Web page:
Zen Cho’s Spirits Abroad Malaysian and Malaysian-diaspora fantasy shorts collection brings extremely intimate and personal concepts into the sphere of fantasy fiction–like unexpected difficulty in schoolwork or performing arts after being at the top of your class, or blooming into your suppressed bisexuality. Far from being the fantasy of broad, sweeping, epic stories about clashes between dynasties or magical orders, this is the fantasy about household magic, about supernatural creatures that have the same feelings and hopes and family structures we mortals do, and about one-on-one friendships and relationships. They even enjoy the simple, hedonic pleasure of food.
Other key themes of the book’s fifteen stories include Malaysia’s multiculturalism, with Chinese traditions coexisting alongside Christianity and Islam plus all the legends and fantasy creatures that are uniquely Malaysian, and women, both mortal and supernatural, interacting with their female family members, especially across the generations. I was fascinated, incidentally, by the variety of undead within Malaysian mythology, with the type of ghost varying by gender, manner of death, etc.
Some of my favorite moments:
“The House of Aunts”, which is available to read for free here, is a sweet YA paranormal romance starring a teenage vampire who lives with all the protective, overbearing yet nurturing female relatives of her family who share her condition while posing as a living student at school. At one point in the story she won’t let the Muslim boy she has a crush on share her lunch, telling him that it’s pork. (Readers: it’s not pork.) This is just so goddamn cute and grisly at the same time that it made me smile, and also is a model way to recognize ethnoreligious diversity in a spec fic setting.
“The Perseverance of Angela’s Past Life”, also available free, is about a young woman who suddenly acquires a supernatural shadow: her own self, as a teenager. Through a series of amusing or poignant moments she interacts with her old self as she travels to Japan to teach English and learn Japanese, until finally the two selves merge again and she becomes the whole person she was meant to be from the beginning. This is one of the anthology’s two stories about women who like women. The other one is:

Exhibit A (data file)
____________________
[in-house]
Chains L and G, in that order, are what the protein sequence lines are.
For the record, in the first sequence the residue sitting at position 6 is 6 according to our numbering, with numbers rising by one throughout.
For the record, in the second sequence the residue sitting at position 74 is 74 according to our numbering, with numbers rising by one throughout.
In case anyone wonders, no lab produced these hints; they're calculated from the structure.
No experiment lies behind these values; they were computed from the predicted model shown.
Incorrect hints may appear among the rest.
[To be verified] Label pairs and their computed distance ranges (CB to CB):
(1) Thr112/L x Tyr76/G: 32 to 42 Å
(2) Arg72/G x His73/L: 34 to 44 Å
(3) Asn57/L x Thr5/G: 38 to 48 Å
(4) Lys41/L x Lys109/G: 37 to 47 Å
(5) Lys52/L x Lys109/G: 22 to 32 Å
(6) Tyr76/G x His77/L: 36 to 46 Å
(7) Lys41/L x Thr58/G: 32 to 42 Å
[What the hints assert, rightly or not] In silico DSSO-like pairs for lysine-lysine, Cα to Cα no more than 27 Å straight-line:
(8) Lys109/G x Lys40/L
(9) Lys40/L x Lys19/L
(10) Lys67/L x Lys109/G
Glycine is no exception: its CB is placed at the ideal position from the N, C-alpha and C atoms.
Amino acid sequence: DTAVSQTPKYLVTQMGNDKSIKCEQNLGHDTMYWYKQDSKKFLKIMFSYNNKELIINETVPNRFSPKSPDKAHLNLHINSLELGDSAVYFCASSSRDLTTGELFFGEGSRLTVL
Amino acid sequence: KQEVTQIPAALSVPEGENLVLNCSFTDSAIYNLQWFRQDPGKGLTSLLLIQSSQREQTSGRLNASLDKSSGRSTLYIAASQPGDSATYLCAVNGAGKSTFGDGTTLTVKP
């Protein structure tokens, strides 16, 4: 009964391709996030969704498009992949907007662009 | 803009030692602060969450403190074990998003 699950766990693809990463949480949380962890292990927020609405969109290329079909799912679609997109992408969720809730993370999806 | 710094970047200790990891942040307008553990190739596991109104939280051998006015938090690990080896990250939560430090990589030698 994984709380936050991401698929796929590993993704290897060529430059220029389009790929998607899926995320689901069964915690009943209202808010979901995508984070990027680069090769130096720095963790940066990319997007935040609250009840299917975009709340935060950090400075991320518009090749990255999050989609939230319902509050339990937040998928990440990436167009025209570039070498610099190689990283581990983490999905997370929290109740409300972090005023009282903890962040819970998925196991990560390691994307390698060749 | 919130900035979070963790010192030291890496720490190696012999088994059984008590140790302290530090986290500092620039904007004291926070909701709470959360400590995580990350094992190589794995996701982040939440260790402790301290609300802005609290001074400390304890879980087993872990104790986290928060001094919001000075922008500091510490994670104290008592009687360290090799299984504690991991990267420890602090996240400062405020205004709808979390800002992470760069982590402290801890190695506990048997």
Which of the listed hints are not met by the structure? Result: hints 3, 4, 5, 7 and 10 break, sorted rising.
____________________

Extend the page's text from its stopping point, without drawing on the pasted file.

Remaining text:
“The Mystery of the Suet Swain”, in which a lesbian fights a demon Nice Guy. I mean all of that literally, including the demon part! The story leaves it unclear whether or not she and the “I said no to the last eleven guys who asked me out” best friend will date after the main character rescues her, but I think it’s a good story either way (and I say yes, sure, they date.)
This one is a darker moment, but there’s a part in the self-harm/self-destructive metaphor story “The Fish Bowl” where the MC is struggling with performing music she hasn’t practiced, so as a price for the magic to make her get through the piece, the titular magic fish drains blood from her in a way that shows up as four angry red streaks down her arm representing the four strings running down our fingerboards. As a violinist, this is a sharp and accurate piece of imagery. In fact when I read that line I immediately fired off a tweet to the author saying “you get us.”
There are so many other creative ideas in this book that I could go on and on — including the old favorite fantasy setting of an English boarding school but still populated by Malaysian diaspora characters, and another one where a troupe of Chinese dancers in England are secretly ghostbusters also, but hopefully by now I’ve convinced whoever’s reading this to give the book a whirl. Every once in a while I add a line to my reviews to the effect of “if you like my books, try–” and this is one of them.
I advise buying the eBook so that you can stay abreast of trigger warnings without my help, since the author has commendably included a lot of warnings and clicky-things that go to her notes and “skip this story if you don’t want to read about X” and other helpful tidbits. Obviously stay out of “House of Aunts” if cannibalism is a major squick, although I found myself craving gribenes (chicken skin fried in chicken fat) after I read it because I am, truly, a trash can. 😛